Read on to learn about the great professional development experiences our faculty have done in the first few weeks of summer.
Exploring the Richness of Middle School Math
From June 17-19, Alli Birkhead, MaryD Geyer and Michael Matthews attended the Monterey Bay Area Math Project (MBAMP) 2019 Summer Institute, hosted by UCSC. Our team of Middle School math teachers joined 60+ other teachers in grades K-16 for three days of deep thinking about how children learn math, and how to use a range of strategies, from collaboration to patterning, to solve problems and discover the underlying.
Each morning featured a speaker who introduced a problem and facilitated a two hour session focused on discovering the mathematical thinking that could be applied while solving the problem. Teachers formed and worked in groups across grade levels, and then debriefed and discussed strategies and student experiences. For example, one morning period featured the famed “Locker problem”, in which a simple question about students opening and closing lockers is used to explore factoring, prime factorization, number sense and pattern recognition:
Imagine a hallway with 1000 lockers, all closed. 1000 students are sent down the hall as follows: student 1 opens all the lockers; student 2 closes every other locker, beginning with the second; student 3 changes the state of every third locker, beginning with the third; and so on. After all the students have marched, which lockers remain open? Which students visit Locker 24 and Locker 36? Why? Which students visit Locker 18 and 54 and 72? Why? Which Lockers are visited by only two students?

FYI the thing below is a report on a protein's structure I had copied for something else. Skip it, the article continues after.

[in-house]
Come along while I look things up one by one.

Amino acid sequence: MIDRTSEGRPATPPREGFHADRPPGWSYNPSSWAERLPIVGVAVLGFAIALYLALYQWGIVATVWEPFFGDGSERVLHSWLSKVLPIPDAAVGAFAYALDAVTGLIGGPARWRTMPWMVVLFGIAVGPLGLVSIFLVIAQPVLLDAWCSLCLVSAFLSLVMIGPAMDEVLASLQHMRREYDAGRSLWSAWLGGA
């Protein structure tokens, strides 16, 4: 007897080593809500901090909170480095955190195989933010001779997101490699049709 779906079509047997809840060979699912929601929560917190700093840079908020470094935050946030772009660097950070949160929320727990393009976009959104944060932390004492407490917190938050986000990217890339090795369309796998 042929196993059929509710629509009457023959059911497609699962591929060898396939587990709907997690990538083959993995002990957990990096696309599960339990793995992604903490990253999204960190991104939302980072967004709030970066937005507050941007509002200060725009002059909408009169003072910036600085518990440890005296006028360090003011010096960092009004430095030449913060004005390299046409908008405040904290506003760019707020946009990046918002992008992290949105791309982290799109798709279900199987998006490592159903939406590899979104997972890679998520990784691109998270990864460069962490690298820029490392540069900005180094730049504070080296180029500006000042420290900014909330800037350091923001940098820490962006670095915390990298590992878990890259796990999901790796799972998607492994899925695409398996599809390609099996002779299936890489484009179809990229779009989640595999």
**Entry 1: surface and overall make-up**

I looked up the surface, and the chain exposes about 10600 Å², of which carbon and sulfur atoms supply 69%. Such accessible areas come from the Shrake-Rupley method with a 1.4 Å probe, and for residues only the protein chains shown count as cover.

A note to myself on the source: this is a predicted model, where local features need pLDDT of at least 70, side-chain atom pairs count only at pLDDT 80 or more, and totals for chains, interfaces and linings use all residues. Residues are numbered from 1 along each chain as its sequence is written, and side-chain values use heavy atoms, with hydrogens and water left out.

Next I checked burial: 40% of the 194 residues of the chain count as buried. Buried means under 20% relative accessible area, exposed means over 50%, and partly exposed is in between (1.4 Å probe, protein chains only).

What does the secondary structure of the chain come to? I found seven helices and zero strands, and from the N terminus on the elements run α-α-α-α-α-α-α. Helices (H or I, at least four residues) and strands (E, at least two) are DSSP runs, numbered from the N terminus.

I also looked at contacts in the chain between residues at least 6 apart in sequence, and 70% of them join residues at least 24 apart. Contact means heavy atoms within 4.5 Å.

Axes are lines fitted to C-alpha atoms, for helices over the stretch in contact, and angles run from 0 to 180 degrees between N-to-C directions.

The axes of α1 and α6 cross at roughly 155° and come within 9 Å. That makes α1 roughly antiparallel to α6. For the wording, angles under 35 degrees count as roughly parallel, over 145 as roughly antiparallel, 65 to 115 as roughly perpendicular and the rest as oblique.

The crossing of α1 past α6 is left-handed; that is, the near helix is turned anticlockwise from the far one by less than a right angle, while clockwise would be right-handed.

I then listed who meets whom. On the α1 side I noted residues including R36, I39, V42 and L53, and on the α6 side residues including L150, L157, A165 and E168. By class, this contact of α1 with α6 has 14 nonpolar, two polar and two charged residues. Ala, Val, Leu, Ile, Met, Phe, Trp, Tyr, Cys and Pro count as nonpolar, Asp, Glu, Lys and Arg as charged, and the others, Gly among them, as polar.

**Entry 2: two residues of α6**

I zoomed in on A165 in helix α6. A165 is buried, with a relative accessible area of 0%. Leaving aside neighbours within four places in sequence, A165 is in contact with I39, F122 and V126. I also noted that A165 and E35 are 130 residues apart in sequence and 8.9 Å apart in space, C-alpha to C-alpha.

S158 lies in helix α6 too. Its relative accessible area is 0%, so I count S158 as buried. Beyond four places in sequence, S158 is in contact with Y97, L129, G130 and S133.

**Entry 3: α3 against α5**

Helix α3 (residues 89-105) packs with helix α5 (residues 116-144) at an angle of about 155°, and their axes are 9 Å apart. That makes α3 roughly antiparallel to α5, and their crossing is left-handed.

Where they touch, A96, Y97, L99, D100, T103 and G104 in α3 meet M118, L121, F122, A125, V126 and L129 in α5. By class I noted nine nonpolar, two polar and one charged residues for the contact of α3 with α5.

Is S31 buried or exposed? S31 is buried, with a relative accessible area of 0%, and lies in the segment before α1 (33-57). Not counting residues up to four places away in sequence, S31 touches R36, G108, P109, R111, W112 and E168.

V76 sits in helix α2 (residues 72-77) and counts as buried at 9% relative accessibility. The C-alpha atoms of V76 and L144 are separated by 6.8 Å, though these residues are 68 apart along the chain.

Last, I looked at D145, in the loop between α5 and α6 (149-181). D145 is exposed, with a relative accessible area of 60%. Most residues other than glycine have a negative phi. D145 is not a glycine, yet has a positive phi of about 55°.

As Michael said afterwards, “I love how this pushed us to think about how math teachers can ask compelling problems that stoke everyone’s curiosity and are inclusive of everyone’s skills.”
In the afternoons, teachers got to choose which 90-minute breakout sessions to attend such as Geometry in Motion, Pentagon Construction of the 10 Petal Rose, and Math Running records and Number Sense Routines. In Discovering Geometry through the Art of Islamic Tiling, the participants used the simple tools of a straight-edge and compass, learning the techniques for making designs that are found in mosques and other examples of Islamic architecture. “One of my take-aways from this session was how fun it can be to do math, and the links between art and math, and to help students see those and be excited. Most students probably haven’t explored these connections before,” said Alli.
Writing, Revising and Editing, Oh My!
This was the fourth year we’ve been able to send teachers to attend the Writer’s Workshop Summer Institute at Teachers College at Columbia University, and from June 17-21 it was Sari Mundon and Julie Foster’s turn to attend. By investing in this world-class training for our faculty, we’ve transformed the experience our students have as they develop knowledge and skills and become effective writers.
“One big highlight was getting to revisit writing, both my own and as a teacher of writing,” shared Julie. “We did a lot of our own writing during the week, and I watched my own writing grow during the week — we applied it to different frameworks, and I watched it grow through that process and felt so excited about it by the end of the week.” Julie also noted that being in a small group of 20 other Third Grade teachers was a special experience, and helped her build her professional network. “Other teachers were there alone from their school, or hoping to bring Writer’s Workshop to their school, so this was a good opportunity for me to take perspective on how supportive the school has been to our team.”